Critical Practices for Anti-bias Education
1. Critical Engagement with Material
In his writing on transformative education, Brazilian educator Paulo Freire cautions teachers against what he calls “banking education,” particularly when trying to teach students about social and community issues. As Freire describes it, the “banking” metaphor sees students as empty containers into which teachers “deposit” knowledge. Students take in and catalog the information, sort it and repeat it when asked. They are not encouraged to bring a critical lens to their studies, weigh new information against their own experience or question teachers or textbooks.
Genuine anti-bias education challenges the fundamental assumptions and relationships at the heart of “banking education.” Rather than assuming teachers hold all the knowledge, an anti-bias approach prioritizes critical student engagement, analysis and voice. It rests on a foundation of mutual dialogue; teachers become learners, and learners become teachers. This is especially important when talking about issues of identity, power, privilege and bias, where deep understanding relies on multiple perspectives.
Critical engagement requires questioning, forming and challenging opinions, and feeling outrage or inspiration. It is about helping individuals find their voices and learn to trust their instincts. And it is about teaching the value of what students know and encouraging them to use their knowledge in the service of their academic, personal, social and political lives.
Connection to Anti-bias Education
Teaching critical engagement supports three of the four anti-bias domains: Identity, Justice and Action. Critical engagement prepares students to make the material their own, connect classroom learning to real issues and take action toward advancing equity and justice in their schools and communities. Academically, it provides a crucial foundation for critical literacy.
Open-Ended and Higher-Order Questions
The questions teachers ask profoundly shape learning. Critical engagement requires open-ended inquiries for which there is no single “right” answer. Students should be asked to form and defend their opinions about the meaning of complex texts and social realities. Open-ended questions are prompts like “Which of the rights in the Universal Declaration of Human Rights do you think are most important and why?” as opposed to “Which five rights in the Universal Declaration of Human Rights are focused on economic issues?” The second question only asks students to memorize and recall. While close and critical reading requires students to ask and answer text-dependent questions, it is important that those questions also promote discussion, stimulate student thinking and allow students to hypothesize, speculate and share ideas.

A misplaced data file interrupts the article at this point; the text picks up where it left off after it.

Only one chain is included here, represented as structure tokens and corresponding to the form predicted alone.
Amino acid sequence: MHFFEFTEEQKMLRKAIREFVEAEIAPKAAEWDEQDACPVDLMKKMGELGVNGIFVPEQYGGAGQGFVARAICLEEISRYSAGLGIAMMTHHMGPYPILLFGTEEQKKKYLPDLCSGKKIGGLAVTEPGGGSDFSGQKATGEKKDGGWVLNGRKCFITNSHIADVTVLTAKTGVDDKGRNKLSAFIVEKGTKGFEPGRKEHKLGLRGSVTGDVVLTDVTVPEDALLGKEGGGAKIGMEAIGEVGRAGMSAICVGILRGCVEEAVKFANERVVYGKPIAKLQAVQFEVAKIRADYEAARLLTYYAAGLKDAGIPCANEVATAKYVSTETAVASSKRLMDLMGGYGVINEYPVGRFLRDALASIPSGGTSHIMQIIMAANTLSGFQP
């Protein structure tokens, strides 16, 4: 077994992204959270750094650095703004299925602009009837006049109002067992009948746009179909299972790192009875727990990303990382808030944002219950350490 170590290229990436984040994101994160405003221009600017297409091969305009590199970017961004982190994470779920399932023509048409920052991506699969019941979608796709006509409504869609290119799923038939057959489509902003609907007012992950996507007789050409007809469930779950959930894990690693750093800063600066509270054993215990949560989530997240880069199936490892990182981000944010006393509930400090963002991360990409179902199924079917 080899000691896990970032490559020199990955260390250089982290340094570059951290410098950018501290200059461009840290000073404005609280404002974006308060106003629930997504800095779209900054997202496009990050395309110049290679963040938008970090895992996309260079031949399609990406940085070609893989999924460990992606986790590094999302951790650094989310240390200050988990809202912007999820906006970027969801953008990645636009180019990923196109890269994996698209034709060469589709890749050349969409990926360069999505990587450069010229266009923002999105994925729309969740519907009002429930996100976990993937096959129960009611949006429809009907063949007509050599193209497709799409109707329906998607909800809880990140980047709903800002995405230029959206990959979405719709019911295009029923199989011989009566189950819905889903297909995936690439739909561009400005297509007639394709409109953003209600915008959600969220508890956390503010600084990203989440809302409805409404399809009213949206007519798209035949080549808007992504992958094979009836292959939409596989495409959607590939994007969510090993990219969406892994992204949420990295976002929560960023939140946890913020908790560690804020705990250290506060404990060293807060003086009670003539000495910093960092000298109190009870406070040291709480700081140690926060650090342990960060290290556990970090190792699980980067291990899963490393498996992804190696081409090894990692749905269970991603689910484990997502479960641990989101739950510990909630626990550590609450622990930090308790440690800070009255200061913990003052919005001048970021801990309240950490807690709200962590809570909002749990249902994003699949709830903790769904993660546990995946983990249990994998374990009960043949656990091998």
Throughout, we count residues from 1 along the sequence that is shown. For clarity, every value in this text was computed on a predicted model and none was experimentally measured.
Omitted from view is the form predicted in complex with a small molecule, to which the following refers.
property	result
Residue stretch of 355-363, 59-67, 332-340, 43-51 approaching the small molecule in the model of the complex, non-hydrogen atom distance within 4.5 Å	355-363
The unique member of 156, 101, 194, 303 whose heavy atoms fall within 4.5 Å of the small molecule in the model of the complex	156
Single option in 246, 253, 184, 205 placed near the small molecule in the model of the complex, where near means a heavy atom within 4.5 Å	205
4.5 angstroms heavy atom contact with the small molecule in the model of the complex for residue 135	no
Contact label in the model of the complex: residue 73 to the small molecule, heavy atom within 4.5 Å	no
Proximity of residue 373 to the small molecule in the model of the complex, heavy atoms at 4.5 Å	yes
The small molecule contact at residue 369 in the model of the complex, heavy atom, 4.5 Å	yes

Reading Against the Grain
A “reading” refers to what we believe a text means, yet a text can have entirely different meaning depending on the context in which it is read. In this critical literacy strategy, students analyze the prevailing interpretations of a text and produce alternative or “resistant” readings to draw attention to gaps, silences, contradictions, beliefs and attitudes that typically go unexamined by the dominant cultural reading. When students read against the grain, they push back against the default, privileged reading and bring the experiences of less-represented individuals and groups into the textual discourse.
Text-to-Text, Text-to-Self, Text-to-World
This is an analytical reading strategy in which students are asked to consider three levels of connection in the text. The first level looks for relationships between the text and other material students have read. The second level asks students to connect the text to their own lives. The third level explores connections between the text and the larger world.
Project-based learning involves the use of performance-driven projects rather than simple “lecture, drill and test” practices. Project-based learning increases student engagement, supports critical thinking and builds analytical, application and teamwork skills. Projects allow students to develop interdisciplinary problem- solving strategies. They also offer the opportunity for students to learn from one another.
2. Differentiated Instruction
Rather than bringing a “one size fits all” mentality to curriculum and learning, teachers who practice differentiated instruction vary and adapt their strategies to fit individual student needs, backgrounds, skill levels, talents and learning profiles. This approach actively honors and addresses student diversity.